Book Review

Publication YearIssue Date 
  Book Review
February 26, 2014
  Book review: Crazy Town: The Rob Ford StoryPDF files may take a moment to load

At first glance, Crazy Town: The Rob Ford Story is posed to incite two extremely divergent reactions from potential readers. For Toronto citizens entrenched as Ford Nation, the book will be dismissed as yet another attempt at mudslinging from a headline-hungry opportunist willing to do anything to make a name for herself.

For the rest of us, the Ford story promises an entertaining read about the crack-induced buffoonery of what was the best fodder for American late night talk show monologues in 2013.


January 15, 2014
  Book review: Kim McCullough's ClearwaterPDF files may take a moment to load

Calgary author Kim McCullough’s debut novel, Clearwater is a good read for teens and young adults, mostly because it resembles a season of Degrassi. The novel follows Claire Sullivan and Jeff Carson, two teenagers living in a troubled small town in northern Manitoba. They struggle with abuse, drugs, drinking, suicide, relationships et cetera. There’s rarely a moment where a new bomb does not drop soap-opera style.


October 30, 2013
  Book review: The War on SciencePDF files may take a moment to load

With the recent Senate scandal blowing up and revealing a sea of political corruption, Prime Minister Stephen Harper’s integrity has come under attack. Calgary-based author Chris Turner intensifies this assault on the Conservatives and Harper in his latest book, The War on Science: Muzzled Scientists and Wilful Blindness in Stephen Harper’s Canada.


September 17, 2013
  Book review: Tampa by Alissa NuttingPDF files may take a moment to load

What if Humbert Humbert in Lolita or Patrick Bateman from American Psycho was a woman? That is the question that Alissa Nutting addresses in her deeply unsettling debut novel Tampa.


September 04, 2013
  Common Reading Program book reviewPDF files may take a moment to load

This year, following the theme of environmental sustainability, the common reading program chose No Impact Man by Colin Beavan. The book a pleasant story about a small family — two working writers, their two-year-old daughter and the family dog — as they embark on a year of living with no environmental impact.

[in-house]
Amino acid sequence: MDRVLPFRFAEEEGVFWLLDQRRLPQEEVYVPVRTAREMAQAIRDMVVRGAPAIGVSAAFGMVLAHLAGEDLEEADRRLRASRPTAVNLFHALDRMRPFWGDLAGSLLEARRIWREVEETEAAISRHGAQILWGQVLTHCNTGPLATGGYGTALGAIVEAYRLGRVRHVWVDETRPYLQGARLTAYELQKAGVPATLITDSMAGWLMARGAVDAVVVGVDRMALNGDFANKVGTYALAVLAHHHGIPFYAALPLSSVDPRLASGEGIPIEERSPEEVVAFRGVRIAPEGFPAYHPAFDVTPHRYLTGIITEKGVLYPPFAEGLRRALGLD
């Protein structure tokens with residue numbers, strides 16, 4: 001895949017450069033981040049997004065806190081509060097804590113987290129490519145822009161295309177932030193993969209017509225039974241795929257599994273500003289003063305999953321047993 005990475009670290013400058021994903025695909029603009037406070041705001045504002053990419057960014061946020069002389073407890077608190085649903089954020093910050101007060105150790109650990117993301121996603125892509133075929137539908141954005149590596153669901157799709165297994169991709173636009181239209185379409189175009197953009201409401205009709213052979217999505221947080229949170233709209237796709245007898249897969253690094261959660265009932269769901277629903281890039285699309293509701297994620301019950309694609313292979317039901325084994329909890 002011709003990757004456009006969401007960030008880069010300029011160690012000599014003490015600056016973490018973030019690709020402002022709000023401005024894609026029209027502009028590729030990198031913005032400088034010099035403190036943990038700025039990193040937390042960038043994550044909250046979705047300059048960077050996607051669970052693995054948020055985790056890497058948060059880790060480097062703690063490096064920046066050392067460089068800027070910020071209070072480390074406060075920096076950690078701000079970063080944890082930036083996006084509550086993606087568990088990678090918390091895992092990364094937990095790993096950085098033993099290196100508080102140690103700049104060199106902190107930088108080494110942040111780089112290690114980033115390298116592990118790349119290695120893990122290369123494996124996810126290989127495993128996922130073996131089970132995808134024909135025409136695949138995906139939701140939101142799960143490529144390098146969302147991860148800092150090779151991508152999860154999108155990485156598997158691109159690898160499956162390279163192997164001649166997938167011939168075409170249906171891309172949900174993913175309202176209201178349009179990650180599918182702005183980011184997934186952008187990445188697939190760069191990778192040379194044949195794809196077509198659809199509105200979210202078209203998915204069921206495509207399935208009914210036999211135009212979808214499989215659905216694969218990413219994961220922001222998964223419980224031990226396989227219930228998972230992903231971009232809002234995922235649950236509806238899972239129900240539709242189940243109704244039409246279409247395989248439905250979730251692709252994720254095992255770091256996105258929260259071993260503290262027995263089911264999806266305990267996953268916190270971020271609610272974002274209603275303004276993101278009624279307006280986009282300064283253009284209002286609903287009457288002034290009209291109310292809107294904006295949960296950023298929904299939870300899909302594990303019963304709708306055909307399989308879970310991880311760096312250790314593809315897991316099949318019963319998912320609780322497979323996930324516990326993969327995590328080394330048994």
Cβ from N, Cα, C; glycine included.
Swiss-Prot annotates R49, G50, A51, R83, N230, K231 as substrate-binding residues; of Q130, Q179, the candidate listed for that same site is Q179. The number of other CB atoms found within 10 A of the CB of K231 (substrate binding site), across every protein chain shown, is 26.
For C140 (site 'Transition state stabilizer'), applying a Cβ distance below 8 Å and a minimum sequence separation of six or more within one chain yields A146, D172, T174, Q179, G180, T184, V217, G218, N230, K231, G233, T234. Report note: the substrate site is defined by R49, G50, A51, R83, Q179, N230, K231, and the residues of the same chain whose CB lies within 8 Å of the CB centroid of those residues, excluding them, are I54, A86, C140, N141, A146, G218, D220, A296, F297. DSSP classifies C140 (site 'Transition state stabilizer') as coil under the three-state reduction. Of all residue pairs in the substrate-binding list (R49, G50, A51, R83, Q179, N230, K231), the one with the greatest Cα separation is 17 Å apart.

June 05, 2013
  Book Review:
 Caught by Lisa MoorePDF files may take a moment to load

This book is going to hook you and leave you hanging. Written by award-winning Canadian author Lisa Moore, Caught follows David Slaney, a young man who escapes from a Canadian prison in the late ‘70s. Once free, Slaney hitchhikes across Canada to get back to his best friend and partner in crime for one last drug run.


May 22, 2013
  Book Review: Inferno doesn’t quite go down in flames
PDF files may take a moment to load

In his most famous book, The Da Vinci Code, Dan Brown brought the renaissance artist back into fashion. However, with his last two books, Brown has trailed behind, playing catch up with existing cultural obsessions. In his latest novel, Inferno, Brown returns again to modern culture’s fascination with all things Italian.


April 03, 2013
  Book review: The Douglas NotebooksPDF files may take a moment to load

The Douglas Notebooks does not achieve what it sets out to do.

The book, written by Québécois author Christine Eddie, attempts to create a modern-day fable but embraces a very loose definition of the genre. A fable is typically a tale involving animal characters, a heavy emphasis on nature and an ending with a moral. The Douglas Notebooks is presented as a fable, but one of the only elements it has in common with fables is that it centres around nature.


November 15, 2012
  Book review: The Energy of SlavesPDF files may take a moment to load

Calgarian Andrew Nikiforuk’s latest book is a departure from his typical environmentalist critique of the fossil fuel industry. The Energy of Slaves examines our energy consumption from a moral perspective, equating our relationship with petroleum to that of a master and slave. 


September 06, 2012
  Book review: Vanishing and Other StoriesPDF files may take a moment to load

Born and raised Calgarian Deborah Willis was recently named the University of Calgary’s writer-in-residence. At only 30 years old, Willis is one of the younger writers to be selected. While only having one published book, a collection of short stories titled Vanishing and Other Stories, she has written for The Walrus, Grain, Prism International and other publications. She has also worked as a reporter, horseback riding instructor and a bookseller.



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